Toshio Meronek

How Gay Shame Really Feels About Corporate Pride

Filed By Toshio Meronek | June 22, 2012 10:00 AM | comments

Filed in: Living
Tags: Christopher Street Liberation Day, gay pride, gay shame, Pride 2012, San Francisco

gay-shame-pride-2012.jpgPurposely confusing and always amusing, Gay Shame's latest attack on the corporatization of Pride events has officially gone viral. On Facebook, this image has been shared thousands of times, and in San Francisco you can't miss the dozens of posters around the Castro and Mission districts.

This year, the group reads the LGBT police officer's association; censorship-happy media giant Clear Channel; and the US's biggest LGBT film fest, Frameline, which accepts funds from the Israeli consulate as part of that government's campaign to "pinkwash" the apartheid happening in Palestine (likewise, Alice Walker, the bisexual author of The Color Purple, told everyone how she feels about the issue yesterday).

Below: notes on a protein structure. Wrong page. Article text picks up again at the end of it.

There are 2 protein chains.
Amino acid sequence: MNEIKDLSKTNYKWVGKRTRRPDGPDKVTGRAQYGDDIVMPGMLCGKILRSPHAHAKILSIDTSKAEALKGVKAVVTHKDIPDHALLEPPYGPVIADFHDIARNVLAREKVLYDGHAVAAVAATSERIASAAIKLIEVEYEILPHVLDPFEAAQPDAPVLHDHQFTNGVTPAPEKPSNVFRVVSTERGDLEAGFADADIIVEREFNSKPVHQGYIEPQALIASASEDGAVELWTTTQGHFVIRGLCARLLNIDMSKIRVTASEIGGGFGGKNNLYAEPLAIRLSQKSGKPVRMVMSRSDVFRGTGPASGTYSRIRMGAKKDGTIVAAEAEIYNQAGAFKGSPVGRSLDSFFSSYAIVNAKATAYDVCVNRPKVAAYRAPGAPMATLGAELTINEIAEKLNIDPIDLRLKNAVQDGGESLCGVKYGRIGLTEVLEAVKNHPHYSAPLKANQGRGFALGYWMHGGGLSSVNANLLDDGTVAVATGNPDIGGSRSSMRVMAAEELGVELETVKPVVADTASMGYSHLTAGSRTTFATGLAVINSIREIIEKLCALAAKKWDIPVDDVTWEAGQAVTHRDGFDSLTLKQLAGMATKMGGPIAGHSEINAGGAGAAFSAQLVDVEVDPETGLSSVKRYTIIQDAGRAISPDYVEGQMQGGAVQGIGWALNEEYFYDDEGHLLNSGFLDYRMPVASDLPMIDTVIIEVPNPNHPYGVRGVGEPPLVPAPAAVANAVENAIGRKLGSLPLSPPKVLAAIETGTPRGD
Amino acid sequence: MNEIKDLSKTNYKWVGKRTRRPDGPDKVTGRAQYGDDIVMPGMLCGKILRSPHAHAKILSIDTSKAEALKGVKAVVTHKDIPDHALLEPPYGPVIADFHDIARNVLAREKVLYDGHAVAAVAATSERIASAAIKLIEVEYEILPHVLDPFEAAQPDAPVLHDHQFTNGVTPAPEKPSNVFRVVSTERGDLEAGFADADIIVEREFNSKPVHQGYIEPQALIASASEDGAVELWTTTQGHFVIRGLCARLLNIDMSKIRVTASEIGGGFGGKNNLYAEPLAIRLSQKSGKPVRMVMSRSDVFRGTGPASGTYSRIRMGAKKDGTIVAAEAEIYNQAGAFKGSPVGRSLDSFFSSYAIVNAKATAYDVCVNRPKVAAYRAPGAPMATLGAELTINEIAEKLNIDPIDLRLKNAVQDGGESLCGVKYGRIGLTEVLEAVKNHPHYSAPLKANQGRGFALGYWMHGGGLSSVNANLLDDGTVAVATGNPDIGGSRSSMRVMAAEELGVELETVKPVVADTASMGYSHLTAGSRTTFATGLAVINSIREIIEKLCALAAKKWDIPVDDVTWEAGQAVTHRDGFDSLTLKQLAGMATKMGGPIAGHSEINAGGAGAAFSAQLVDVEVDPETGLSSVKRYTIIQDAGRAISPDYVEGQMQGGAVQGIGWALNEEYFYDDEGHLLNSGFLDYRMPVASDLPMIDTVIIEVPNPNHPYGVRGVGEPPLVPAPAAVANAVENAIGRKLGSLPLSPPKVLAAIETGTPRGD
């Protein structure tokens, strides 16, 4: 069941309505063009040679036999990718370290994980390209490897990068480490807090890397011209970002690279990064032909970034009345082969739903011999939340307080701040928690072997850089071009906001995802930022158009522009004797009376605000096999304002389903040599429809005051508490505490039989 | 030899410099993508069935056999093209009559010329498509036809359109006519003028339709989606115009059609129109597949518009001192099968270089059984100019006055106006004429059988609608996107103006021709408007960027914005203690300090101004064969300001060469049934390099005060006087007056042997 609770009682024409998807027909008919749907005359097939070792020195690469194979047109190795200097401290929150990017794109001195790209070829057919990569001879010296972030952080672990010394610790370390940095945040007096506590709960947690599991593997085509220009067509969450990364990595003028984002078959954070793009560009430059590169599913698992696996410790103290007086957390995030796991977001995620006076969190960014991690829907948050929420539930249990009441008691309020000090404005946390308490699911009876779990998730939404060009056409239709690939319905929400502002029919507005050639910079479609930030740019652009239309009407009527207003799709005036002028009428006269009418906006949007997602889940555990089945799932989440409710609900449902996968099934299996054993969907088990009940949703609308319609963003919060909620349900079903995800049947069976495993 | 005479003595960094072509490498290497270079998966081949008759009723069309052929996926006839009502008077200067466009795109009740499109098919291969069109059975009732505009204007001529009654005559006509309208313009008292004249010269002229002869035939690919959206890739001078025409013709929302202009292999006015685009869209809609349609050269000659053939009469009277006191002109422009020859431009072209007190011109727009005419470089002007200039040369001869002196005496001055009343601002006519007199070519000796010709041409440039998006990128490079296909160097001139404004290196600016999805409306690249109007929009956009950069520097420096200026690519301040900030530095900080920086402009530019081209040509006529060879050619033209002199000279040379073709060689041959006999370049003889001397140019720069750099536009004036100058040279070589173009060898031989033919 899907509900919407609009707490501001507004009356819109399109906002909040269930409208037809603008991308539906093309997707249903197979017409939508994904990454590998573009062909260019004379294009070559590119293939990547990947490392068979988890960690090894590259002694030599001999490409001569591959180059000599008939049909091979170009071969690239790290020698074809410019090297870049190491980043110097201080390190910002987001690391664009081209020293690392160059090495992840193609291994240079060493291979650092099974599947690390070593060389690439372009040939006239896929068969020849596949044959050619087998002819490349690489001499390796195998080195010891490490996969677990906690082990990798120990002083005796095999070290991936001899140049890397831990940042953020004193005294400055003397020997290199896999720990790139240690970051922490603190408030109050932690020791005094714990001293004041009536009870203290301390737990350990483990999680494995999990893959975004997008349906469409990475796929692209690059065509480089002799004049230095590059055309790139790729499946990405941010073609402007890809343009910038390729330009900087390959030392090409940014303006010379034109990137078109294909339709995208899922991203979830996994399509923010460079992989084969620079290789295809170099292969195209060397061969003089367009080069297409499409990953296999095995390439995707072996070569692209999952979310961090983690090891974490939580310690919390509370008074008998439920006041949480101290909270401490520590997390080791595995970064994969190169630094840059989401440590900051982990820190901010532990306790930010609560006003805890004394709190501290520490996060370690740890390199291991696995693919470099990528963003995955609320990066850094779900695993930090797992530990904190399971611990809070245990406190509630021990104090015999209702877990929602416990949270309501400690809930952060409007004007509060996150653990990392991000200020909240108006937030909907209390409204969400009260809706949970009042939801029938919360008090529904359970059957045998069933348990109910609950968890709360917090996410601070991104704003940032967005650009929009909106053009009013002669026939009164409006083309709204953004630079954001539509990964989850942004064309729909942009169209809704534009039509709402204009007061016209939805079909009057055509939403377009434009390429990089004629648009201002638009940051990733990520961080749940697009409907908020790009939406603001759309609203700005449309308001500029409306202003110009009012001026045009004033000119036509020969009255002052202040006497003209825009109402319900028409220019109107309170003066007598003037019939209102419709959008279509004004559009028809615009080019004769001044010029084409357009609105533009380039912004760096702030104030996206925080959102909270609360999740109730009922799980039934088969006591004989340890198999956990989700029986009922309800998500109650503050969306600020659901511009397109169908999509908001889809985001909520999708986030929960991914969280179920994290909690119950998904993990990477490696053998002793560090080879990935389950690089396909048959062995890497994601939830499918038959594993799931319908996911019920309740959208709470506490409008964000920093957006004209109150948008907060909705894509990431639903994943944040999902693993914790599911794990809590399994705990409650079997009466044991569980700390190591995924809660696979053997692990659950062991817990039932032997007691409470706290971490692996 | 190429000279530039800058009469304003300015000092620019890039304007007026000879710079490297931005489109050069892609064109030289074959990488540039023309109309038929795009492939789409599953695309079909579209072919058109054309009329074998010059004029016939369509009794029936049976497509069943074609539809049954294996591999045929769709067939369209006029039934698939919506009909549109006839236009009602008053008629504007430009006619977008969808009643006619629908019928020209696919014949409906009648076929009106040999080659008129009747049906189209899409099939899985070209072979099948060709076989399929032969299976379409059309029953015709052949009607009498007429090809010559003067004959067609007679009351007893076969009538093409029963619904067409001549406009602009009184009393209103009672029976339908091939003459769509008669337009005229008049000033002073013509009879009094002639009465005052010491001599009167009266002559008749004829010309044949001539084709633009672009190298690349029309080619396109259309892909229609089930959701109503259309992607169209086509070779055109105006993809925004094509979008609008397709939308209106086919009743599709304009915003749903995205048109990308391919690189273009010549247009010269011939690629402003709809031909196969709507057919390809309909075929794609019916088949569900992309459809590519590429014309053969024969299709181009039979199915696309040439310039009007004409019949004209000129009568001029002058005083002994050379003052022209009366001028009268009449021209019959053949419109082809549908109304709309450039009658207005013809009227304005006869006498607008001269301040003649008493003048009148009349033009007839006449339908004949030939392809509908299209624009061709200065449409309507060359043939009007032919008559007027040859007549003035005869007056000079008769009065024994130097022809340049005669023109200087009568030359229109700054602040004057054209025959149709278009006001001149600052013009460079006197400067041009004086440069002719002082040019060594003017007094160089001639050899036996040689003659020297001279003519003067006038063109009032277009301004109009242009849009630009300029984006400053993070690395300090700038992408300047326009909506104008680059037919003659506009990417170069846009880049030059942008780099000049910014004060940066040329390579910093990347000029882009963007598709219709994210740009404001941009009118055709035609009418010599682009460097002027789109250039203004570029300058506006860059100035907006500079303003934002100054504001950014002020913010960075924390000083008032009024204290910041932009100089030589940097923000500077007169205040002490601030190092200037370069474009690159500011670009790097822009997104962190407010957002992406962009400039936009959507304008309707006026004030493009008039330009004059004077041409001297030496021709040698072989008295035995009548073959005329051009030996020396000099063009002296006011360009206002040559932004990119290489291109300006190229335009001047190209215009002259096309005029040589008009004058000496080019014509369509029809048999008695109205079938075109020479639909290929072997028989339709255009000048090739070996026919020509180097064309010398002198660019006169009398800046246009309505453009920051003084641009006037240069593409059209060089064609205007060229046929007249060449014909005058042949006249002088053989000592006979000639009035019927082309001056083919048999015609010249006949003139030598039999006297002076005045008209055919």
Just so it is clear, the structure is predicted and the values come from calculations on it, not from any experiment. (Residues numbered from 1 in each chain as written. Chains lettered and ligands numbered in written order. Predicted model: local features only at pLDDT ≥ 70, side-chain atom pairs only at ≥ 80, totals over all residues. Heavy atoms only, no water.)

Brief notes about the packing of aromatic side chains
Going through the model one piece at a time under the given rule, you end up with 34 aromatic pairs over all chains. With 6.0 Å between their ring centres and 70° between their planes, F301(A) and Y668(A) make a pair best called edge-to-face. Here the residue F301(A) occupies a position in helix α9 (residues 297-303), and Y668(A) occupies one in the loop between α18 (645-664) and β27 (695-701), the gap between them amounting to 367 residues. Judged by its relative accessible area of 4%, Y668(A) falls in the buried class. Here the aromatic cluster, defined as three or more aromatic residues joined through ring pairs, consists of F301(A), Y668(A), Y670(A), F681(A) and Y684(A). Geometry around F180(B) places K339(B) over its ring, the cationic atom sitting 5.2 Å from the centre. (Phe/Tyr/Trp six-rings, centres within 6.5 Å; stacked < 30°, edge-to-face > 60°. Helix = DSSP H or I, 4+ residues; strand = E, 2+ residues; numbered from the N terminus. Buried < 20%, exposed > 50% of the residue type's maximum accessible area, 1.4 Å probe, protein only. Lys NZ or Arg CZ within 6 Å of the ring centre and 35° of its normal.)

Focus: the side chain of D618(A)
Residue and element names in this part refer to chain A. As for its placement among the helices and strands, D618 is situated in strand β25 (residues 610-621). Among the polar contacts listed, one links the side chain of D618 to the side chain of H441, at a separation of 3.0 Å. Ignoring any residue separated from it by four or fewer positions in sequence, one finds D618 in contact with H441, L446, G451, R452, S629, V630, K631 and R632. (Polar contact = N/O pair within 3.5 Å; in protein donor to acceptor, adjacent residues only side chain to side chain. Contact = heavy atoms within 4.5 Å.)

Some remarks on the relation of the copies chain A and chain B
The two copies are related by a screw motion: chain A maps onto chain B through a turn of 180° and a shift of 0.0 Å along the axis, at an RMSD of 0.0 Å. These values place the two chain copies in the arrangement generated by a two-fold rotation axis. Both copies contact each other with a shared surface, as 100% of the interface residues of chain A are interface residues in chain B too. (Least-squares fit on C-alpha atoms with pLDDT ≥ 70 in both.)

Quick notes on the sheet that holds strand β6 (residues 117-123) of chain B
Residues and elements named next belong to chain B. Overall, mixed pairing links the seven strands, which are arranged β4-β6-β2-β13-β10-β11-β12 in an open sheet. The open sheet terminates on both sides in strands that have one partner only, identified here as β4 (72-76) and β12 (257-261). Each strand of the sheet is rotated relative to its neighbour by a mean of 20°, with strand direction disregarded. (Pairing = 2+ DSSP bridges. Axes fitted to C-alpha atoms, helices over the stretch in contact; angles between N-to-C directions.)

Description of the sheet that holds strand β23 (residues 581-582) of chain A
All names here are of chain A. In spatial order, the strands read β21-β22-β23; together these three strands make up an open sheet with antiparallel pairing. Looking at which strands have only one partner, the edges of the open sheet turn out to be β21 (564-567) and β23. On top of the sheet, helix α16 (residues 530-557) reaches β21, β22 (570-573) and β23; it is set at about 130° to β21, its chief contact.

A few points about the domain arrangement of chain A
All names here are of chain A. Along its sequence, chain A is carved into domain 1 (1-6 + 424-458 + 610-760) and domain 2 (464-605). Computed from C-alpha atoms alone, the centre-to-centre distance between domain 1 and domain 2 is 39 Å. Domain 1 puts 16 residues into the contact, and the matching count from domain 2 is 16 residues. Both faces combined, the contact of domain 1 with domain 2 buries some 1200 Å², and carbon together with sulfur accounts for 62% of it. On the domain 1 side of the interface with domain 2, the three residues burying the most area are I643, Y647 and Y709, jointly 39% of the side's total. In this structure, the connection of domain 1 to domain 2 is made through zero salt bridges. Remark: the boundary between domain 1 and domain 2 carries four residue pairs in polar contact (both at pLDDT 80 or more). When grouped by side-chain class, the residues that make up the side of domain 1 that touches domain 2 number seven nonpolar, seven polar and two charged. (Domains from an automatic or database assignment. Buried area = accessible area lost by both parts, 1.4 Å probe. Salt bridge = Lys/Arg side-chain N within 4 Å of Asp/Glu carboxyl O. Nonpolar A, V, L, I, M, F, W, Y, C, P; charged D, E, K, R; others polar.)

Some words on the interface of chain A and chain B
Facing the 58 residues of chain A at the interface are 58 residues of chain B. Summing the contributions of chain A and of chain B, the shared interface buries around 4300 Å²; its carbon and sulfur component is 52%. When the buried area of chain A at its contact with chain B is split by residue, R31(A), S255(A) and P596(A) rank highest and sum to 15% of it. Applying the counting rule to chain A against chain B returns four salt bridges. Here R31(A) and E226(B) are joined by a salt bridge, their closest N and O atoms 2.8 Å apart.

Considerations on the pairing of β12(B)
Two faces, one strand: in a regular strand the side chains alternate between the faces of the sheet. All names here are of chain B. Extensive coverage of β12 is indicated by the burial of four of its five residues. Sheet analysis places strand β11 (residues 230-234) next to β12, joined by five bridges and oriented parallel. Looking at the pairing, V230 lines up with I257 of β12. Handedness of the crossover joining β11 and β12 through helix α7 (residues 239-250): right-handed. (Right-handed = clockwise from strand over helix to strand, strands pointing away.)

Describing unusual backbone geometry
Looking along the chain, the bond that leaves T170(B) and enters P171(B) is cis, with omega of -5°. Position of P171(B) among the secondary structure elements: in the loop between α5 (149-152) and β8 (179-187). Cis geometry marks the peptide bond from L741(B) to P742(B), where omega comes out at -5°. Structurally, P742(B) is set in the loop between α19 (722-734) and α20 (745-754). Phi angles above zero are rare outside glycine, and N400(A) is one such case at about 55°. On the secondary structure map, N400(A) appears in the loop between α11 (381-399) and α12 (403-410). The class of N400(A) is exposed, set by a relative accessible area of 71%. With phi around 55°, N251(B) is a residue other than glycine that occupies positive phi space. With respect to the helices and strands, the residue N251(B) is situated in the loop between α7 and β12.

Some entities notorious locally in San Francisco also make the most-hated list: Supervisor Jane Kim, who made headlines around town by giving a big tax break to Twitter (which recently built a new HQ in the SoMa district, bringing more gentrification to central SF), and the city's Sit-Lie policy that further criminalizes poor people.

As summer Pride floats back up traffic on streets across the USA, it's a good reminder that while the world needs any excuse to get wasted on (official sponsor) Bud Light Lime while taking in the performances of straight pop acts of yesteryear, Pride actually started as a day of political action called Christopher Street Liberation Day.

Don't forget it.

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